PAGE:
City, how and what

(according to me )

artist: Sara Serratos

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I am of the idea that getting to know a city depends on the medium you use. For example, if you use a car, you have the opportunity to look at a more complete and panoramic view, in which you get to know the streets and where they take you, the houses, the buildings, the infrastructure, the signage, the sky; you get to see everything in a car in the same wavelength.

 

You get a bit of everything because the speed and fluidity of the car influence the view. When you get to know the city by public transport (depending on which one, but I’ll talk about the bus), you get to know its elements and how it is formed, but with a higher point of view than with the car.

 

The height allows you to see the city from another perspective, now you can see things from the top down; people, parks, trees, cars, maybe even houses depending on how tall the bus is. You can understand a bit more of the city through having contact with the people and daily life itself.

 

Even if you don’t want to, there will come a time when, if you get to know a city through its public transport, you will have closer contact with the citizens with whom you share that space than with people you have known for a lifetime, and that is also a way to have contact with the cities. 

My favorite way of getting to know a city is definitely on foot, walking around. It is a fact that I like to walk, and it is also a fact that this text will be inclined towards this trend of being related to cities, but I think that by walking around a city you can have a different facet of it, you get to know it better because your body is engaged in the activity. Now, a more complete map is created, not because the entire city is seen, but because each corner can be known in detail. 

To give an example, I'll talk about my arrival in Mexico City, because I am from provincia and, even if it is something that you have already read before. I repeat, the things experienced in a “town” are very different from the ones in a city, and even if you relive an experience, they are still a shock.

I went to the city because I was going to get my degree and, although I did not live within the city, I sometimes went, like a rookie, to the great metropolis.

 

Every time I went, it was by car, whether I was going to the south to visit family, downtown for some sightseeing or to La Roma / Condesa to get plastered, they were nothing than a car ride that in Guanajuato would be equivalent to going from one city to another, which impressed me.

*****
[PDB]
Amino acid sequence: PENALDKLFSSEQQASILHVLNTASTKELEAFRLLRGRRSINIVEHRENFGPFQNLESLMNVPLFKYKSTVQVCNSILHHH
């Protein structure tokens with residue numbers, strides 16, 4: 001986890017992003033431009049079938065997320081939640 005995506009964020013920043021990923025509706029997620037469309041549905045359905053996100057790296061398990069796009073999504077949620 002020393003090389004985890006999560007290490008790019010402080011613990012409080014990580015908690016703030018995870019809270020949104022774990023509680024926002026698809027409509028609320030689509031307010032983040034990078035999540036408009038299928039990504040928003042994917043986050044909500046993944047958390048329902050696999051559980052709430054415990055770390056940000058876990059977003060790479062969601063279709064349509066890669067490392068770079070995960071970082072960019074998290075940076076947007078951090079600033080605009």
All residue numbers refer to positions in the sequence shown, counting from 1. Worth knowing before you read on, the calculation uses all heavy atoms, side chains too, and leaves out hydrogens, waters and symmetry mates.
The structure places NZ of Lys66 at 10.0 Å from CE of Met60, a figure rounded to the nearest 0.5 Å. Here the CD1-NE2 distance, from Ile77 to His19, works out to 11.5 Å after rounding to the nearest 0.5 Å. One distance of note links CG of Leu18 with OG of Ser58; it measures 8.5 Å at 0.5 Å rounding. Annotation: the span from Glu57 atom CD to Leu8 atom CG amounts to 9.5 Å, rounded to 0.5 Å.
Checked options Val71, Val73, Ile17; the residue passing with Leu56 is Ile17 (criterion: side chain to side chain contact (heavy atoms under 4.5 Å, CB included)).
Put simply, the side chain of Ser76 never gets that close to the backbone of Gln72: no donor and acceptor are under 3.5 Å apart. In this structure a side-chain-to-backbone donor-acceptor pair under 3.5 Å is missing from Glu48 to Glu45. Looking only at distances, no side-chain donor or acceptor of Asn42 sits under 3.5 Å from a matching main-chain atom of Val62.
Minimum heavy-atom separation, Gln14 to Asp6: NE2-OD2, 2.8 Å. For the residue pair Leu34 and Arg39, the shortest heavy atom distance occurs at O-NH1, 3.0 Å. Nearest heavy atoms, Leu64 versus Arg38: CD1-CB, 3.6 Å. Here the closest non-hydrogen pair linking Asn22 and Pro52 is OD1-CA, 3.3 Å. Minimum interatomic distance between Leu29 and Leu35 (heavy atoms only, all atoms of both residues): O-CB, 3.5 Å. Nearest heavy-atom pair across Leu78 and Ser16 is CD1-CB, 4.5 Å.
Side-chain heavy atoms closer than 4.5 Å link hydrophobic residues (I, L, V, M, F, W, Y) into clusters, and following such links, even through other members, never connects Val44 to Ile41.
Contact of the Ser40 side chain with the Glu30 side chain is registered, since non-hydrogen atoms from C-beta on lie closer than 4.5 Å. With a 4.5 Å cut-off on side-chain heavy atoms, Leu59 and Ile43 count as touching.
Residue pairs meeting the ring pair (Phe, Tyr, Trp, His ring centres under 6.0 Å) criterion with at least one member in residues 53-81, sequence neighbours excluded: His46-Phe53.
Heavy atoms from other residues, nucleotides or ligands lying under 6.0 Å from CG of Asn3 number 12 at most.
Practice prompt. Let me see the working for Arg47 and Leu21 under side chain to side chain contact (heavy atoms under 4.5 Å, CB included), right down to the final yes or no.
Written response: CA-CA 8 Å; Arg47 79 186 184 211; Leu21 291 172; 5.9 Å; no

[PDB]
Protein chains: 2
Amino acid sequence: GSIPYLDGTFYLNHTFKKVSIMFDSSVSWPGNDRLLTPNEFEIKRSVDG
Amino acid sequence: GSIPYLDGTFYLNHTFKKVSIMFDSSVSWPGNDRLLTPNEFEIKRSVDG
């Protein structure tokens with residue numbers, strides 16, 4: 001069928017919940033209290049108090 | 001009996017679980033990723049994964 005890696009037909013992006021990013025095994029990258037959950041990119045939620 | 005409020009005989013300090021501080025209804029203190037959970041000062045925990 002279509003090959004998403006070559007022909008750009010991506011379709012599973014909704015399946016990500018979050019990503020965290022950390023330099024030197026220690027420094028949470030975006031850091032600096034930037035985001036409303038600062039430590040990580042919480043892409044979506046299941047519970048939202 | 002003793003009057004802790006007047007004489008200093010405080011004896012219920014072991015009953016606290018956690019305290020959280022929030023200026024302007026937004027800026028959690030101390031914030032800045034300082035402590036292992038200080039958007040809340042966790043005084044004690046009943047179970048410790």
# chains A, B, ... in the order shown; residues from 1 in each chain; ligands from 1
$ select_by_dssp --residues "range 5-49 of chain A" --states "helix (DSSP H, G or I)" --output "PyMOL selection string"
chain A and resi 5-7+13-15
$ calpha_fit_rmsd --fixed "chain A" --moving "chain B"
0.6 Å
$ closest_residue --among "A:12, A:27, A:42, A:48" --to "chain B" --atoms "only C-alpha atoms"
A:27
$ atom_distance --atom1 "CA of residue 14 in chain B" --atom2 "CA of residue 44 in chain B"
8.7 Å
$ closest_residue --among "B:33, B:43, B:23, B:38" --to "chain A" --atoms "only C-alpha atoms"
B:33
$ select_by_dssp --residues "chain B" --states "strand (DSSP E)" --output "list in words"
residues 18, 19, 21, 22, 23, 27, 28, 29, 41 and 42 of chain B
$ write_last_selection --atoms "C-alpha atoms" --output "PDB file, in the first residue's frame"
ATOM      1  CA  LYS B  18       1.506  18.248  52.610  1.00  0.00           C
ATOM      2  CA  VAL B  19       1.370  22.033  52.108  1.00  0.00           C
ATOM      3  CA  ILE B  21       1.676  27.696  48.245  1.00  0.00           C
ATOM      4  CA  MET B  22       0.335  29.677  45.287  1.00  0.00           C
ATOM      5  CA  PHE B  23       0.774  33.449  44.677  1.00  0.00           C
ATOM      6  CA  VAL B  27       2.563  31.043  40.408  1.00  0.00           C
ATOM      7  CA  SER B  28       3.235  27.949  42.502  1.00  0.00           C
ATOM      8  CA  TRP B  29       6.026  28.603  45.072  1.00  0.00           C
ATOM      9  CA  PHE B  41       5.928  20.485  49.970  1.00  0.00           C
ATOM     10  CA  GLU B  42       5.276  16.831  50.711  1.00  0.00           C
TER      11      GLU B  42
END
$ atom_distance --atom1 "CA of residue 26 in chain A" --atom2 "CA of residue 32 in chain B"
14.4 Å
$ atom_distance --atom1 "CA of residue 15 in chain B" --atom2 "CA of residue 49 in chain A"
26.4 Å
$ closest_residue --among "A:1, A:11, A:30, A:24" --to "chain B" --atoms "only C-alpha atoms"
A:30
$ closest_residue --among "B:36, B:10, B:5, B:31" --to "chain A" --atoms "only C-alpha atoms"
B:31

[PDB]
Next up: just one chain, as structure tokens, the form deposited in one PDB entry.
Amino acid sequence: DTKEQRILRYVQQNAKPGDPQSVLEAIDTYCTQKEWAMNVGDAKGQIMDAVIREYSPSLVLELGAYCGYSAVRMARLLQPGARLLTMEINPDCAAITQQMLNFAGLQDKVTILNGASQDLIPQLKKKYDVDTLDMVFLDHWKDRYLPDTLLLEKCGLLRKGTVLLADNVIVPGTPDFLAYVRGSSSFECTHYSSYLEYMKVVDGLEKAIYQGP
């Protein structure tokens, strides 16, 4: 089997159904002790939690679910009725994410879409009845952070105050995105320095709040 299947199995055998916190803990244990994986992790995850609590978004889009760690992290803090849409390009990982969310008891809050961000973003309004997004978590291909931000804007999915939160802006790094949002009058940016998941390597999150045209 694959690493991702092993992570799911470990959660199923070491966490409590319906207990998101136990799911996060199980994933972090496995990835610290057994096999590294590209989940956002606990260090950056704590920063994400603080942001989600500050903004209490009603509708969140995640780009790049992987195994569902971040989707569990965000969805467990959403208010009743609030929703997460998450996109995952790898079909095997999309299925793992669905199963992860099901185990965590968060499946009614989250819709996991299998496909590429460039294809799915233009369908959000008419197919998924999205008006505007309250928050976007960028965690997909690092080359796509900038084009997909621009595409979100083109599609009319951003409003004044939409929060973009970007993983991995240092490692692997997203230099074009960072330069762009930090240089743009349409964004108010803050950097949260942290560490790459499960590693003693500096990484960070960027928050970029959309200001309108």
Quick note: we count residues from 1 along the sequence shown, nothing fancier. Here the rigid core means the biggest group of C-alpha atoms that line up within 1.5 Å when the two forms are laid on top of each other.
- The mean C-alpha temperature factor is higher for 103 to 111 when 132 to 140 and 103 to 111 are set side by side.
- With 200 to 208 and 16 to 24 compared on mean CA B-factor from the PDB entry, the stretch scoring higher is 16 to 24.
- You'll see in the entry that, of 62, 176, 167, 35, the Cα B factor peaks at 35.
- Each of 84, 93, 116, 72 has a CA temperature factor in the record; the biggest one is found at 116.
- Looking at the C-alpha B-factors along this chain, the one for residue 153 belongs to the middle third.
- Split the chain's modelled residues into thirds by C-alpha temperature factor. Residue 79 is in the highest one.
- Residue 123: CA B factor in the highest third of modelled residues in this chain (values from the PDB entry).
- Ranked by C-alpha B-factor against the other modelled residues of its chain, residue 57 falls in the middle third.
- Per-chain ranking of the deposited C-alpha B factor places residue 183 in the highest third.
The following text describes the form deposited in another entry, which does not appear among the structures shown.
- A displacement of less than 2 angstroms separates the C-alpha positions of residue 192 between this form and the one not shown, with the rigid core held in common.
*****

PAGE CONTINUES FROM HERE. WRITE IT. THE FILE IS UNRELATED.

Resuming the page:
I had no clue what was happening, the way we were going, or if it was dangerous or not, if the guy would get me to my destination or not, if I was going north, south, east or west in these car rides.

I only knew the info the Uber app provided me. At that time, for me, the CDMX was similar to Sara Serratos’ series “Madriguera de Cemento”. Similar to a labyrinth that does not make sense, but that is completely normal to the people accustomed to it. 

She also has a photograph collection titled “Casa-barco”, Houseboat if you will, where you can see several homes that are floating, and above all, I was able to connect with her description of the project: “ the unique way of life of societies, the everyday spaces that for those who inhabit them they could become monotonous but for those who visit them, they are unimaginable”.

This is a very precise description of how I felt about Mexico City at that time, and also of how I consider it to be the first encounter with unknown cities in general, especially when it's through a car.

 

It can even be boring for people for whom this is part of their day-to-day life, it is no longer something new. For those who don’t have this in their every day, it is not just a different city, but a completely new world. 

Later, little by little and, after realizing the need (not only economic, but it was quite a relevant factor) to arrive, navigate and tour the city by other means than a ride of at least $120, it was when I started to KNOW Mexico City. 

One gets to know its streets, learns how to walk them, when to walk them, and even with whom to walk them. Its people are known because it is inevitable to have interactions with them and because as one goes into place, one begins to take affection to the people who make it up, even without having had communication with them.

 

And through them, one also understands the city, until the moment in which one begins to be part of it, and one becomes the person with whom the “new” begin to have approaches to the city.

Lately we, in MÜDA, have been consuming a lot of content about cities and how different medius approach them differently, and that has led me to the conclusion that cities are nothing more than an invention of people’s imagination, which many times translates into infrastructure and the creation of history, population, identity, and everything related to a nation-state.

 

Many times, these aspects remain on a personal level that every single one of us can imagine. Like in the film Nomadland, in which the protagonist and her concept of “city” come out of the socially constructed framework. For them, it is not a tangible thing, nor a place, but rather an intangible place that she has been building over time. Her city is constantly resignifying itself based on the fact that she lives a nomadic life. 

In reality, the way we relate to it matters little, for everyone, there is that “city” that we could defend ad nauseam, every one of us will always protect our “micro-ambiente en expansión // expanding micro-environment” (Sara Serratos, 2016).

Translated by: Sofía Figueras

By: Isabel de Alba